Government’s approach to regulating the aquaculture industry will improve with amendments to the Fisheries and Coastal Resources Act introduced today, March 9.
The ability to properly regulate the aquaculture industry is a priority for government because it contributes to sustainable growth.
“Aquaculture is estimated to have been worth over $100 million to the Nova Scotia economy in 2017,” said Fisheries and Aquaculture Minister Keith Colwell. “As we continue to improve our regulations, we are creating the conditions and clarity that will enable the industry to continue to grow responsibly and sustainably.”
The proposed changes will provide clarity to industry on various operational issues, and streamline some processes now in place.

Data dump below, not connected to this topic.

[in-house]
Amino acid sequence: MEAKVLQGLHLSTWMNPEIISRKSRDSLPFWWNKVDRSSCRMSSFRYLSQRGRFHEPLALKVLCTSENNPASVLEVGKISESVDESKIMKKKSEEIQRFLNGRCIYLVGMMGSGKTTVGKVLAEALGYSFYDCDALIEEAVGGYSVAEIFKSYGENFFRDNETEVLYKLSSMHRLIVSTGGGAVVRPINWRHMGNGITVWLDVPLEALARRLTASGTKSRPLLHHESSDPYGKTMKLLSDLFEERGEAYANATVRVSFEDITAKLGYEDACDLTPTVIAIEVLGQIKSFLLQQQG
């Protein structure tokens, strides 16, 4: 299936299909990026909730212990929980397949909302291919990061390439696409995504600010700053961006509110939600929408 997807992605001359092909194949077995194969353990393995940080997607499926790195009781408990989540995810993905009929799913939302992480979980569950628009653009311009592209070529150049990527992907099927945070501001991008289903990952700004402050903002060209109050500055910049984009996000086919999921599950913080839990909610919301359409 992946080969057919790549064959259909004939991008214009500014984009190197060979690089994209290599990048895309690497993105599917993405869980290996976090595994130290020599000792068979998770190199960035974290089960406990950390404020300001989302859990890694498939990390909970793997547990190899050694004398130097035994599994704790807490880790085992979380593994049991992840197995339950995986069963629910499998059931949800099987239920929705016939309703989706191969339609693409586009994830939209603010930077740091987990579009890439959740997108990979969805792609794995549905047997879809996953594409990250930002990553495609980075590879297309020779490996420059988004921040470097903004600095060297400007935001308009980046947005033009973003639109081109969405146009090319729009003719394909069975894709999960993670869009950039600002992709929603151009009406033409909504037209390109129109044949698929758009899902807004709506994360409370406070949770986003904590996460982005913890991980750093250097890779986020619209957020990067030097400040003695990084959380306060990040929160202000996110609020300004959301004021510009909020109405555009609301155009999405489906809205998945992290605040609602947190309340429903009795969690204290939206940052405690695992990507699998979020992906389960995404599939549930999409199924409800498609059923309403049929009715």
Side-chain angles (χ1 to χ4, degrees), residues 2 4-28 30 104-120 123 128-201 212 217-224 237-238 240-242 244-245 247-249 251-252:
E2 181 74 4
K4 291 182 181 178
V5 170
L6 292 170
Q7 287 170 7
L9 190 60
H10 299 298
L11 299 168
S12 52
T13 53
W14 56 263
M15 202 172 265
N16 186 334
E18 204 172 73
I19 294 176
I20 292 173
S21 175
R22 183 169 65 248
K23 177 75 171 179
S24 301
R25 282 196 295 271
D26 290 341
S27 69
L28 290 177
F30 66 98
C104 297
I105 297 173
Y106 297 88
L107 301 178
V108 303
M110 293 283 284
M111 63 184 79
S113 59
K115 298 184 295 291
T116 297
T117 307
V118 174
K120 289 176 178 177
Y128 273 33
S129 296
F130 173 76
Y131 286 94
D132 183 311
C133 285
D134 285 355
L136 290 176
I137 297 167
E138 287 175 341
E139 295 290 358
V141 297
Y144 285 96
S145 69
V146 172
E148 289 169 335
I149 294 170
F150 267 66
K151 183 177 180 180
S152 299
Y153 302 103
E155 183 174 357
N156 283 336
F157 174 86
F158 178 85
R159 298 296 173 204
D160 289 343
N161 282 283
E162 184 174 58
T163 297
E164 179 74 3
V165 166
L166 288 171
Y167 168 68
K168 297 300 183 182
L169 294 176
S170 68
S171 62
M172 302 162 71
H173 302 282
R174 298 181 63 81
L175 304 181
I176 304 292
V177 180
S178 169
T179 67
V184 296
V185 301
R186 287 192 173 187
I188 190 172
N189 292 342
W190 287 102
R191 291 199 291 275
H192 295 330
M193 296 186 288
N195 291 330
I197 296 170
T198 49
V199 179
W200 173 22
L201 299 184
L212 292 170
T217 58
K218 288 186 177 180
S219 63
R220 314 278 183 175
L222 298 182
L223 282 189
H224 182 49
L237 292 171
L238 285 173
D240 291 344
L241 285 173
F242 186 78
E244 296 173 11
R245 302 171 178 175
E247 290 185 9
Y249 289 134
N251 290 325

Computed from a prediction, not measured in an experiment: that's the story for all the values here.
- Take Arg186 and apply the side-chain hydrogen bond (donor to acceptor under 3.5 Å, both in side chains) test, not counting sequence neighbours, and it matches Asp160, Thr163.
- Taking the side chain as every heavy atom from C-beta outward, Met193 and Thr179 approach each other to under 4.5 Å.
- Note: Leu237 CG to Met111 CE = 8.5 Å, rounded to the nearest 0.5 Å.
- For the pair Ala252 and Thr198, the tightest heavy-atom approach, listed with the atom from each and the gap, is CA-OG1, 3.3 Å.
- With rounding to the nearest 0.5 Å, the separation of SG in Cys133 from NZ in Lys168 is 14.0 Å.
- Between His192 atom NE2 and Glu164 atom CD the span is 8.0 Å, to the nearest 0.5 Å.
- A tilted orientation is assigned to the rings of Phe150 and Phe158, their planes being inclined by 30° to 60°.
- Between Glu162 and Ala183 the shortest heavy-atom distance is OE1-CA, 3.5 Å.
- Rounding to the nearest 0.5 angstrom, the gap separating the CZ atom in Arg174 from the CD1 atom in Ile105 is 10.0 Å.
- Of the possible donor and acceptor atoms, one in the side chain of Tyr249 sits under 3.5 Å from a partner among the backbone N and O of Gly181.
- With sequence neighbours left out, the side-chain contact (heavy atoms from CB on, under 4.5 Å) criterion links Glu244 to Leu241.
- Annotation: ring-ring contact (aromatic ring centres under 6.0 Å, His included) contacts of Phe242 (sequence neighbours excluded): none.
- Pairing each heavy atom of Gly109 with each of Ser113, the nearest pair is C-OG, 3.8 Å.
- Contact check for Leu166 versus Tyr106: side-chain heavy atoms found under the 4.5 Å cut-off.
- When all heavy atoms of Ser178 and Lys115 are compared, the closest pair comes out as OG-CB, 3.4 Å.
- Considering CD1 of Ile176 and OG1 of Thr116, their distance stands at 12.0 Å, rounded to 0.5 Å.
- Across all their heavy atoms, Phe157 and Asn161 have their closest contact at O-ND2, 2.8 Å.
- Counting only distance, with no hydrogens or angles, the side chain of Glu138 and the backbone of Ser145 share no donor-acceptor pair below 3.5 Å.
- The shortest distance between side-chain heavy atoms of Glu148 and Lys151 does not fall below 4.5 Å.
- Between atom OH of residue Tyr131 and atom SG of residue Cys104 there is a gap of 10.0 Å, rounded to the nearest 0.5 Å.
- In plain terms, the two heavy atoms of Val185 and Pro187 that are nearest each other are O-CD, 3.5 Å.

— allowing the amalgamation of two or more adjacent licensed aquaculture sites by the same operator under one licence
— requiring ministerial approval to apply to the Aquaculture Review Board to amend an existing licence or lease
— creating a class of institutional aquaculture licences and leases for non-commercial operations
— clarifying the process around the 30-day appeal period for Aquaculture Review Board decisions.
The changes will help ensure the industry is managed effectively and responsibly.
“Industry believes the move to allow consolidation of adjacent leases will provide efficiencies for farm management practices and reduce red tape for small business,” said Tom Smith, executive director, Aquaculture Association of Nova Scotia.
Aquaculture is responsible for supporting about 600 direct jobs, many located in the rural areas of the province.